CANBERRA (Reuters) – The Australian government will water down plans to reform private health insurance in order to win support in the upper house Senate to pass the new laws, Health Minister Nicola Roxon said on Tuesday.

The changes will be welcomed by private health insurers, who had warned the original proposals would have led to 400,000 people dropping their private health insurance.

The government originally planned to raise income thresholds to A$100,000 ($84,000) before Australians must pay a one percent surcharge on their income if they do not have private health insurance.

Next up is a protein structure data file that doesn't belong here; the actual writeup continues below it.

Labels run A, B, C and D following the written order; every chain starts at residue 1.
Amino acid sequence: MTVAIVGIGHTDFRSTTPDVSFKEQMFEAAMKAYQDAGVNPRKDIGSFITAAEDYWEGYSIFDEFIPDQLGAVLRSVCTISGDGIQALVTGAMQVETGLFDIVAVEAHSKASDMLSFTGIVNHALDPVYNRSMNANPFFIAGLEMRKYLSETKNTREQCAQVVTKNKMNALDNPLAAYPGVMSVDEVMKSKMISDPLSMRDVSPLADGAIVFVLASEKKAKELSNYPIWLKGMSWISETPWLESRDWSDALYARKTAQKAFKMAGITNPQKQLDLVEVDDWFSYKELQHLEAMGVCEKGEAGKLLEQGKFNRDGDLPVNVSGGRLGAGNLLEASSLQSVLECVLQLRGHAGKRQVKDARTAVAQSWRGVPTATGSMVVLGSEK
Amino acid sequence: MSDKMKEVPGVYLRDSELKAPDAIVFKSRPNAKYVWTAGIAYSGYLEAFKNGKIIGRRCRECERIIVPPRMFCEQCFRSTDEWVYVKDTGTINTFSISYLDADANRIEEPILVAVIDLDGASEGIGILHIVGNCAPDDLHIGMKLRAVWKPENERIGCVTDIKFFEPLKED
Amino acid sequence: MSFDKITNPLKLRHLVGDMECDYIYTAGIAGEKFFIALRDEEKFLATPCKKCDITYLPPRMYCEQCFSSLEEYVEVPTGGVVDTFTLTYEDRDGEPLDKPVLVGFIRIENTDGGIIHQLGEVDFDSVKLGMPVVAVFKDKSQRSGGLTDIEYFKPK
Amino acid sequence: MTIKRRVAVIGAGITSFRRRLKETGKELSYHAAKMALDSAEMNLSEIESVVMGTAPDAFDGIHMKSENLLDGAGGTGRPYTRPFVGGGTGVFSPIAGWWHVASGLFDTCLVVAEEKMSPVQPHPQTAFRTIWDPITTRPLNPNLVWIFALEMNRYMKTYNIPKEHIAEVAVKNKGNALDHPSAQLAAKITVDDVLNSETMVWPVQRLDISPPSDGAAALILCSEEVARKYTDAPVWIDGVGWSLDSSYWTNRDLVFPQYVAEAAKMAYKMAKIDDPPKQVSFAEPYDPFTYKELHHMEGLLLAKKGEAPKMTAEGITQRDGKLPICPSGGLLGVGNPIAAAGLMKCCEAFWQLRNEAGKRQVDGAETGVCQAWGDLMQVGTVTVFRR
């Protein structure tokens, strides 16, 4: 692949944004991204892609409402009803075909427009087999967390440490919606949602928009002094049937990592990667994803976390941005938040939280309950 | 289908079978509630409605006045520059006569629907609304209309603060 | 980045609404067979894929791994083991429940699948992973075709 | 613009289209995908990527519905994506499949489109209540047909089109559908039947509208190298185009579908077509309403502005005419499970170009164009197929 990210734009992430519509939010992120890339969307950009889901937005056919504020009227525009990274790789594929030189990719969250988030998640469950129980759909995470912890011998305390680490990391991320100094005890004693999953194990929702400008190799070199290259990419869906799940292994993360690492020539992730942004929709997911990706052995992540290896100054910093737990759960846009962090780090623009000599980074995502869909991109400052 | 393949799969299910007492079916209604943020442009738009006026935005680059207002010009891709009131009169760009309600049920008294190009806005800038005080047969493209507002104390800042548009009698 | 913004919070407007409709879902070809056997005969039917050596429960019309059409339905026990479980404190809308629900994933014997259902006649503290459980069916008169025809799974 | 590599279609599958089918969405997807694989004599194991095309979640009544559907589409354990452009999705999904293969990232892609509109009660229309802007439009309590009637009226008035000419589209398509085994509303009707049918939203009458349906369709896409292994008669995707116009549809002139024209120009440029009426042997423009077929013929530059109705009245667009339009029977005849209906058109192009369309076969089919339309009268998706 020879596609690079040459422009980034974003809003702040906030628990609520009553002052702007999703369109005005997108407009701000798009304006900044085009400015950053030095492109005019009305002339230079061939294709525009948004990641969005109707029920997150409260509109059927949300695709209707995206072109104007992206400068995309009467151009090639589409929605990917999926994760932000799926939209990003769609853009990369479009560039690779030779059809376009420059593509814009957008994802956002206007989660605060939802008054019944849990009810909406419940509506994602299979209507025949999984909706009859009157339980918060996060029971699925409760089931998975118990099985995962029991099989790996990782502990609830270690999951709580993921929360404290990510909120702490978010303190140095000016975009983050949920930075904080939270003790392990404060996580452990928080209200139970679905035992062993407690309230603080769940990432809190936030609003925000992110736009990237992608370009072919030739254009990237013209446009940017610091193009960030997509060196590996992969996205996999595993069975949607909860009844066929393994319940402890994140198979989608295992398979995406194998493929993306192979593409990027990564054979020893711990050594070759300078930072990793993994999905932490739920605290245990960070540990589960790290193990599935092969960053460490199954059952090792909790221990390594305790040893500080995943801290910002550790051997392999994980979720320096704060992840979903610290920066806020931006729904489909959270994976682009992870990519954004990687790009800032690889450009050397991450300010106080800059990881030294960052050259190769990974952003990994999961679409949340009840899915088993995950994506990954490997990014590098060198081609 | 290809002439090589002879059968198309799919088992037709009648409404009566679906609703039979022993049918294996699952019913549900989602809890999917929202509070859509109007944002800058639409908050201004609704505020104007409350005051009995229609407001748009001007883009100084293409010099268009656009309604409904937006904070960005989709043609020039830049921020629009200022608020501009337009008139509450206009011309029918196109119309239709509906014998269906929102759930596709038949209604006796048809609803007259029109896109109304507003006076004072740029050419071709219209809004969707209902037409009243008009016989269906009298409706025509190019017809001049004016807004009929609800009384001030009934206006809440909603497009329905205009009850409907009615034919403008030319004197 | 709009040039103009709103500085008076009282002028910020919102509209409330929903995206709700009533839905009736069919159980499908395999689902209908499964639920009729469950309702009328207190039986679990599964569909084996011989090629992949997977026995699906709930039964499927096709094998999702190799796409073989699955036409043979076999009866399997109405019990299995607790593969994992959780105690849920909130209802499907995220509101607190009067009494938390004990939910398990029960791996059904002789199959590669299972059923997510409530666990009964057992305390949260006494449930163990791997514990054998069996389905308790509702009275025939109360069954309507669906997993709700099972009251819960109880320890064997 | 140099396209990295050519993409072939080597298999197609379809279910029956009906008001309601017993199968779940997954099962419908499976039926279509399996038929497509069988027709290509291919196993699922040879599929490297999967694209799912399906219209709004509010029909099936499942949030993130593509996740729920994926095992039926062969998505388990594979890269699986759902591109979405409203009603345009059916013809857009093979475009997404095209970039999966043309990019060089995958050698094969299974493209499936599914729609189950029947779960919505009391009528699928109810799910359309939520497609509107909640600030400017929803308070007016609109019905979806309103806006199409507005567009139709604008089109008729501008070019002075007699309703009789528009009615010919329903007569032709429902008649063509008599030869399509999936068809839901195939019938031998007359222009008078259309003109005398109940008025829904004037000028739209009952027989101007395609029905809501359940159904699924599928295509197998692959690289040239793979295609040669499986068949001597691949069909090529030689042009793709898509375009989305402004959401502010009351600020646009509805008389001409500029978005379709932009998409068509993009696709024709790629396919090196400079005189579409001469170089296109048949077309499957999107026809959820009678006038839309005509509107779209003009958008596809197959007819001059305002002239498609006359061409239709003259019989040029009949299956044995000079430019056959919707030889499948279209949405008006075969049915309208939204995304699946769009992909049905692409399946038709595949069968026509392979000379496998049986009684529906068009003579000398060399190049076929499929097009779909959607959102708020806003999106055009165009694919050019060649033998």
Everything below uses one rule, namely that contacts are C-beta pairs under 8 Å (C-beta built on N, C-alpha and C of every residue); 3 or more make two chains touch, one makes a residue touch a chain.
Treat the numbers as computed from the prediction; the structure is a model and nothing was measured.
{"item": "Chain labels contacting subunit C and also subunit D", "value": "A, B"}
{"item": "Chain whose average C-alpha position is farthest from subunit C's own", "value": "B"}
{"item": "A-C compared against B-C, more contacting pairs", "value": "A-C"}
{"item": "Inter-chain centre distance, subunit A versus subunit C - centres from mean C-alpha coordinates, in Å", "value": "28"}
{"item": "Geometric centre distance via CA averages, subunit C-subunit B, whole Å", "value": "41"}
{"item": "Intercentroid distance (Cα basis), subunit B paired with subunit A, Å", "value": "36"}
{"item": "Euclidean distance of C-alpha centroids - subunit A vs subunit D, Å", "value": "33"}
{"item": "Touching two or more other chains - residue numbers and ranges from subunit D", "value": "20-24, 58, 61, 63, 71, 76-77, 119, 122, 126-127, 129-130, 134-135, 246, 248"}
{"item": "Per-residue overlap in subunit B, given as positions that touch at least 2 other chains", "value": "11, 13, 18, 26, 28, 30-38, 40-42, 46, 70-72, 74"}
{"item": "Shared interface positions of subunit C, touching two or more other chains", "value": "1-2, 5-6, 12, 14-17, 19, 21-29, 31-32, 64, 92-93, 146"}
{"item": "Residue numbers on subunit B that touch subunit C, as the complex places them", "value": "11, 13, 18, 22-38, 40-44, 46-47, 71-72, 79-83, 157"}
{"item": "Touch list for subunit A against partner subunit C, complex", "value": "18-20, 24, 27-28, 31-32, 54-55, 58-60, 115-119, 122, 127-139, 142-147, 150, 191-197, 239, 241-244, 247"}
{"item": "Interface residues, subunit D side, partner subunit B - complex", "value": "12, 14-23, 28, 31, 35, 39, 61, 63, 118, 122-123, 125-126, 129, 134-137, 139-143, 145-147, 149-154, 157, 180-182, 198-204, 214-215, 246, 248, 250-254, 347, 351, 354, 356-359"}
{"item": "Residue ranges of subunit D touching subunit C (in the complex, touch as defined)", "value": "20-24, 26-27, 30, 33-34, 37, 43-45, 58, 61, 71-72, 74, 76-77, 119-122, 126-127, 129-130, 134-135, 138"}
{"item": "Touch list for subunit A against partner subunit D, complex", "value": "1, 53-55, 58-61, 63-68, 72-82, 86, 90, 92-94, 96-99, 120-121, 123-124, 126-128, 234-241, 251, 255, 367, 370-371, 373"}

But Roxon said the government would now lift the threshold to only A$75,000, with ongoing indexation for inflation, in a compromise designed to ensure minor party and independent support for the laws in the Senate. “It is a pragmatic response, following a Senate inquiry and much consultation,” Roxon told parliament.

The government plans had weighed on shares of Australia’s top private hospital operators Ramsay Health Care Ltd and Healthscope Ltd and on private health insurance fund NIB Holdings Ltd. ($1=A$1.19) (Reporting by James Grubel)